In February 2016, Marley Dias, who was 11 at the time, launched the #1000BlackGirlBooks project, collecting books featuring black girls as the main character.
Now, after collecting over 8,000 such books, Dias has decided to author a #BlackGirlBook of her own.
On Thursday, Scholastic announced that 12-year-old Dias had signed a deal with the publisher for a book due in Spring 2018.
According to a press release, the book is a “keep-it-real guide” to helping kids and preteens make their dreams come true.
“Through her smarts and ingenuity, she’s delivered a jolt of inspiration that’s sent an unstoppable shock-wave to kids everywhere who’ve stood up with Marley to shout ‘Yes!’ to the power of positive action,” Scholastic’s vice president and executive editor Andrea Pinkney said.
“In this book, Marley will share her dynamic wisdom with readers everywhere.” Read more
“Hi, this is my story. Not a happy one but hope you’ll.
Once upon a time thete was a girl. A beautiful, absent-minded, always happy girl who was my best friend.
I met her at kindergarten and we immediately became friends. We had minor arguments sometimes but I felt fantastic with her even in those moments. She lived in my town so we could meet whenever we wanted to which meant almost all the time. She knew everything about me and understood me and so did I. Those years were the happiest of my life and I didn’t even know.
One day she felt so sick her parents had to take her to the hospital. Something very bad was going on, I knew it when they told me to visit her immediately. We were both 16.
I spent all my time with her in the hospital. She looked tired and ill and I was sure she felt horrible but she never told. Finally, they let her go home and I was happy as hell.
One year later her condition worsened from one day to another. She got into the hospital again and stayed there longer than ever before. She was ill - my best friend had a very serious, very rare illness and I couldn’t visit her.
The last thing she told me was “I’m eating”. She went to finish her dinner but never could. She got stroke. They couldn’t save her.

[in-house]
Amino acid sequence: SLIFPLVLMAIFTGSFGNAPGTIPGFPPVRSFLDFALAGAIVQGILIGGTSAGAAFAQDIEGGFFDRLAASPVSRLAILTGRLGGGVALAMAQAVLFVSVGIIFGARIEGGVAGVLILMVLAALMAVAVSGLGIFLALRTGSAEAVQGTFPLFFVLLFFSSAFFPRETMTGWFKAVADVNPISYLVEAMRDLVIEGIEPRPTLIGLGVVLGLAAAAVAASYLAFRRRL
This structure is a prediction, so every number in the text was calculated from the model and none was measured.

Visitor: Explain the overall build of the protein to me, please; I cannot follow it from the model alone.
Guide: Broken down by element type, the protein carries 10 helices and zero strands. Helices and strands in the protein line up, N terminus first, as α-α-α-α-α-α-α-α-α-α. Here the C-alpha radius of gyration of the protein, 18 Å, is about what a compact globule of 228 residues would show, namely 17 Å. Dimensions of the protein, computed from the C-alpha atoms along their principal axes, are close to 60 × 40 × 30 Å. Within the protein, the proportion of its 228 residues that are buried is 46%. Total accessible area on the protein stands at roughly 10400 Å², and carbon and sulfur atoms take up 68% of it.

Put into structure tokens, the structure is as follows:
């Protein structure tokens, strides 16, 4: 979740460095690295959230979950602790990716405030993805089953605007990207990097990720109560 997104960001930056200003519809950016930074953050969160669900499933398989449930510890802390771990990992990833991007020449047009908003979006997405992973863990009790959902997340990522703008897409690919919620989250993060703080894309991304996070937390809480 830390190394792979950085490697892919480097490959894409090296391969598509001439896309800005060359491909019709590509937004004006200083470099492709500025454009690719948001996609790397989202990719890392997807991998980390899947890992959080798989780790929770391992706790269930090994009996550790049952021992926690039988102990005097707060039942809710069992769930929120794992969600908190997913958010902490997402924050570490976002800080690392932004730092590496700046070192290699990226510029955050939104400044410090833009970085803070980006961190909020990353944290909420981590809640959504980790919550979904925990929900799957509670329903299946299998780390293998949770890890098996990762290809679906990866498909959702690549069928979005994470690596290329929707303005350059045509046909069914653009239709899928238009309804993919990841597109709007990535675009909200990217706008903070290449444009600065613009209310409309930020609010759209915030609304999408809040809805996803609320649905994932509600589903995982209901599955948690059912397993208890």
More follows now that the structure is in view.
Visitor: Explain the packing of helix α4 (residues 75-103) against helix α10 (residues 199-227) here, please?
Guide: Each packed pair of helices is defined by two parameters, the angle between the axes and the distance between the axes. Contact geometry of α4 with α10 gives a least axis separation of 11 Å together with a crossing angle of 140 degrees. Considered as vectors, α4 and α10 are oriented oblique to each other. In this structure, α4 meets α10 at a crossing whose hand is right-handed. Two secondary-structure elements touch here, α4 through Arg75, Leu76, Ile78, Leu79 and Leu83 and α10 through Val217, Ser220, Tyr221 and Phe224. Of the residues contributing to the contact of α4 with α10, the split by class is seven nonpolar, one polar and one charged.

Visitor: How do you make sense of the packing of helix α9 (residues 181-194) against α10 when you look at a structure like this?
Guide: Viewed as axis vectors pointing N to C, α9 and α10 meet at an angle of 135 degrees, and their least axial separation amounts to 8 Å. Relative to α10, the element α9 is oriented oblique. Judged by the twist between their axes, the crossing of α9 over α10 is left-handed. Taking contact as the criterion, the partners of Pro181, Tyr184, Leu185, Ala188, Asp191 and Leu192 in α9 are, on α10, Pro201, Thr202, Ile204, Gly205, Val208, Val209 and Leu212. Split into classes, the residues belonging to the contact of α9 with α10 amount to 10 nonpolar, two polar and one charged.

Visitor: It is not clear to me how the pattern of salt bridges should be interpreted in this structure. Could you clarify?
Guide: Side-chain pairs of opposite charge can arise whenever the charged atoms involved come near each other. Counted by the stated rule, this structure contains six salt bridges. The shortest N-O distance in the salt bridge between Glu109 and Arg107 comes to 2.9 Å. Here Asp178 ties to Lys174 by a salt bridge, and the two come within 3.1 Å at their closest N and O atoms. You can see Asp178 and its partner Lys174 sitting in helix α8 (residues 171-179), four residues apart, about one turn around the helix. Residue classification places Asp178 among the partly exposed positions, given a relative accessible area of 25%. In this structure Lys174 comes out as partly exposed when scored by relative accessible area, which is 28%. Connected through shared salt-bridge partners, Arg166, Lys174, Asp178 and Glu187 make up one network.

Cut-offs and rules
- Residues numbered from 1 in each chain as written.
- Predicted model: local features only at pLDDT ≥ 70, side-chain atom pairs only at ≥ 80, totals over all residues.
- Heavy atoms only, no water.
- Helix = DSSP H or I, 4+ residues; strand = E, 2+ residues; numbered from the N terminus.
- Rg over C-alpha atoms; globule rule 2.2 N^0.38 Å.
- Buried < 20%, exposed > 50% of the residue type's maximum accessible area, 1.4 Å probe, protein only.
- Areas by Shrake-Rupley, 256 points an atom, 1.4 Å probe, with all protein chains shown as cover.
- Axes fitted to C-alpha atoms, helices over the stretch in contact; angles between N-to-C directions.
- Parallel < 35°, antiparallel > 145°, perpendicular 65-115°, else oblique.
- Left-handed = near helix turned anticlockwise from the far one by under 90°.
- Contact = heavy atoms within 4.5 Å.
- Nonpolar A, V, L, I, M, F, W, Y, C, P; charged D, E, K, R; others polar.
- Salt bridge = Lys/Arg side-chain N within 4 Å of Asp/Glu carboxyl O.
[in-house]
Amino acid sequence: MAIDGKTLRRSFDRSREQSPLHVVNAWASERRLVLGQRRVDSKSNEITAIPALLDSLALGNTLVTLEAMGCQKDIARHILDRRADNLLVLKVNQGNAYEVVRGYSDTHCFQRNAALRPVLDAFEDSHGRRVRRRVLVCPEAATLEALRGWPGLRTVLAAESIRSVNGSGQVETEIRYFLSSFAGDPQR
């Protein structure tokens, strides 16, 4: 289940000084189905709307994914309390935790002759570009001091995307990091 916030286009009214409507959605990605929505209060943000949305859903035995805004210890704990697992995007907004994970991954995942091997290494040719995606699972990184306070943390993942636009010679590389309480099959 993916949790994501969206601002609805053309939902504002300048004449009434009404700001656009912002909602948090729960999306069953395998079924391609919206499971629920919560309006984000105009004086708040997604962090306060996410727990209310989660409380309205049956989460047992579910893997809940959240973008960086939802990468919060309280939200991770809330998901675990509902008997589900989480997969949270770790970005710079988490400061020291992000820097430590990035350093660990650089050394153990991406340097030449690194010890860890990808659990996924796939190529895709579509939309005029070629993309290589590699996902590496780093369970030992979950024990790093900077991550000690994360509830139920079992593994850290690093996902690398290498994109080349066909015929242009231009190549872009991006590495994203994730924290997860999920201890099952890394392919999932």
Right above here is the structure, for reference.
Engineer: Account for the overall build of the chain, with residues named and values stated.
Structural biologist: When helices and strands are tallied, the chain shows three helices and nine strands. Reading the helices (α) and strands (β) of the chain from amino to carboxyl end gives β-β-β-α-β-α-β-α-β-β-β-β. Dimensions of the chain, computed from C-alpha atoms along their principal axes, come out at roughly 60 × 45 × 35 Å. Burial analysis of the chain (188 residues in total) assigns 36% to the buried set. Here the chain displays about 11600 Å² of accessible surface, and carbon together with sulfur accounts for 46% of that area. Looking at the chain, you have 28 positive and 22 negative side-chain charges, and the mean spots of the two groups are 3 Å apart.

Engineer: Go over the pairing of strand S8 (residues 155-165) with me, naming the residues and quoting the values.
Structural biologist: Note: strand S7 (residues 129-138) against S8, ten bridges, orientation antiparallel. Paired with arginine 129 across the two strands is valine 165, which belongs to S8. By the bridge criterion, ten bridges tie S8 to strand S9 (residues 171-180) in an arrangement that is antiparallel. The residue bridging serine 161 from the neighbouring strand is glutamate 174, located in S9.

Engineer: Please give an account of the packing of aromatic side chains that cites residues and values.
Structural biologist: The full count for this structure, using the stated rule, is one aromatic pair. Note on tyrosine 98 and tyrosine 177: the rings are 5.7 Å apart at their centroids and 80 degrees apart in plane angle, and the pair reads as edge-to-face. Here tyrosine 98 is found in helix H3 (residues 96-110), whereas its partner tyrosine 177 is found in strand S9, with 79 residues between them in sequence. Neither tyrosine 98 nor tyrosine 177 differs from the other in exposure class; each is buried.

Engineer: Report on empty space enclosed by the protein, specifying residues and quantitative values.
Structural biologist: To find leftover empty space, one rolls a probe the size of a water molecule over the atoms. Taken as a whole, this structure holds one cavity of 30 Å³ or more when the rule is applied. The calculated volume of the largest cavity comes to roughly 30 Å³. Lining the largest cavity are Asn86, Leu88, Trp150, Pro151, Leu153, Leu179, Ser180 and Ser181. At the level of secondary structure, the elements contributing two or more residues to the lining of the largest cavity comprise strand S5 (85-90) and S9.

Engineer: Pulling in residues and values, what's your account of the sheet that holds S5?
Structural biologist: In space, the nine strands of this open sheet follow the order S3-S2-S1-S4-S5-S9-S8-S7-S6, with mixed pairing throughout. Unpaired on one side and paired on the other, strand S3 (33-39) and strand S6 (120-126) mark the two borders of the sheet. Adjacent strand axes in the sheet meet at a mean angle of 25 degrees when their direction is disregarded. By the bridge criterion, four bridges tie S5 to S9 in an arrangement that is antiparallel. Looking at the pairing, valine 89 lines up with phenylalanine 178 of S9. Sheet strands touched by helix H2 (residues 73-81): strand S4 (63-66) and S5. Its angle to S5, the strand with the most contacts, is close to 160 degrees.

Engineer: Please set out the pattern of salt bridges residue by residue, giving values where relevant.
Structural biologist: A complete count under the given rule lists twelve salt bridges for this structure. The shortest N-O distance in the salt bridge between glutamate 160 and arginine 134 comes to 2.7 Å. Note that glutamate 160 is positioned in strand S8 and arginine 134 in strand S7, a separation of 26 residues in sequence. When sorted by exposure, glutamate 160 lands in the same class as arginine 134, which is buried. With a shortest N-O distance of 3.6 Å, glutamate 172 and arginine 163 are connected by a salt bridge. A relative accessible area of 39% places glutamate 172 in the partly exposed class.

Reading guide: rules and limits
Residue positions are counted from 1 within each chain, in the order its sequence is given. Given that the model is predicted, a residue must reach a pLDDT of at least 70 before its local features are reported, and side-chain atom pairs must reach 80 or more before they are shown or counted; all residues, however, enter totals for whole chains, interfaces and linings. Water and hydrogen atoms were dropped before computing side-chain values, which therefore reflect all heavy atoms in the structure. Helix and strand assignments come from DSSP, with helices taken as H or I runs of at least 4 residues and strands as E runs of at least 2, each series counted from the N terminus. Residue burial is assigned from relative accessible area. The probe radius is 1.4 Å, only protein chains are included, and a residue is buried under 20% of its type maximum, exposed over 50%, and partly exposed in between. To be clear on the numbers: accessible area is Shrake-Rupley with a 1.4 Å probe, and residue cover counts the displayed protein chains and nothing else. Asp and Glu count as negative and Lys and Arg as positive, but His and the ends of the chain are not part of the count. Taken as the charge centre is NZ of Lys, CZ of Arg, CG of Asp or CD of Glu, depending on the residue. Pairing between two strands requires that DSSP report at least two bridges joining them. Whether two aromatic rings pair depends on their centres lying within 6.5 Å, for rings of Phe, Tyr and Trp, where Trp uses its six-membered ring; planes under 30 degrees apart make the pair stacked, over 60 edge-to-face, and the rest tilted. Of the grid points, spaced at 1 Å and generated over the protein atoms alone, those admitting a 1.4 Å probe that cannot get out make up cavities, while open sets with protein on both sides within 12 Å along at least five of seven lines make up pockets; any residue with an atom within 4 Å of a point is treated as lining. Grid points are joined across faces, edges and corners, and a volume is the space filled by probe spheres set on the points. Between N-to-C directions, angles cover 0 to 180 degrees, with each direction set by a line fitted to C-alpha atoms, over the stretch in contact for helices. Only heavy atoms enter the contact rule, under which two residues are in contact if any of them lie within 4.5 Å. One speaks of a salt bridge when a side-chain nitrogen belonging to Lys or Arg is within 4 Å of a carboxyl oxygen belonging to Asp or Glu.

Her mom called mine who told me the bad news. I was just sitting there and couldn’t even move. Couldn’t look at mom and couldn’t breathe normally. I felt my heart breaking and heard a loud voice in my head telling me “ This is not happening. It can’t be. It’s not true. She’s lying.”
Suddenly mom hugged me and I felt nothing. It was my hollow body she was hugging, my mind was far away in the hospital with the girl who was cheerful all the time and loved me for who I was.
And since then I still don’t feel anything. It happened almost 3 years ago and I couldn’t make any friends, I can’t tell my thoughts to anyone just her grave, not sure if ahe hears me or not. And I’m still thinking about why it all happened. And I have no idea why.”
I don’t know why people thought Justine Skye was such an inspiration to black girls. All she was was just pretty. She supports racist WW. Some black girls are so desperate for a black girl representative to ease their self-esteem issues, they hang on to any pretty face. And when that black girl turns out to be problematic and not doing shit for dark skinned girls especially, people are disappointed. This happened with Azealia Banks and now recently Winnie Harlow. Not every black girl that’s social media popular is good for black girls when they rather support racist white women than us. Stop projecting your self-image unto conventionally pretty black girls. You need to look at yourself. Saves disappointment and hurt. Especially when these girls would rather tear down black girls and make them feel below them while caping for white girls trying to look like them. And then shunning fans for opinions and criticisms. But if they want to act like a typical malicious white girl instead of the black girl they are, then so be it.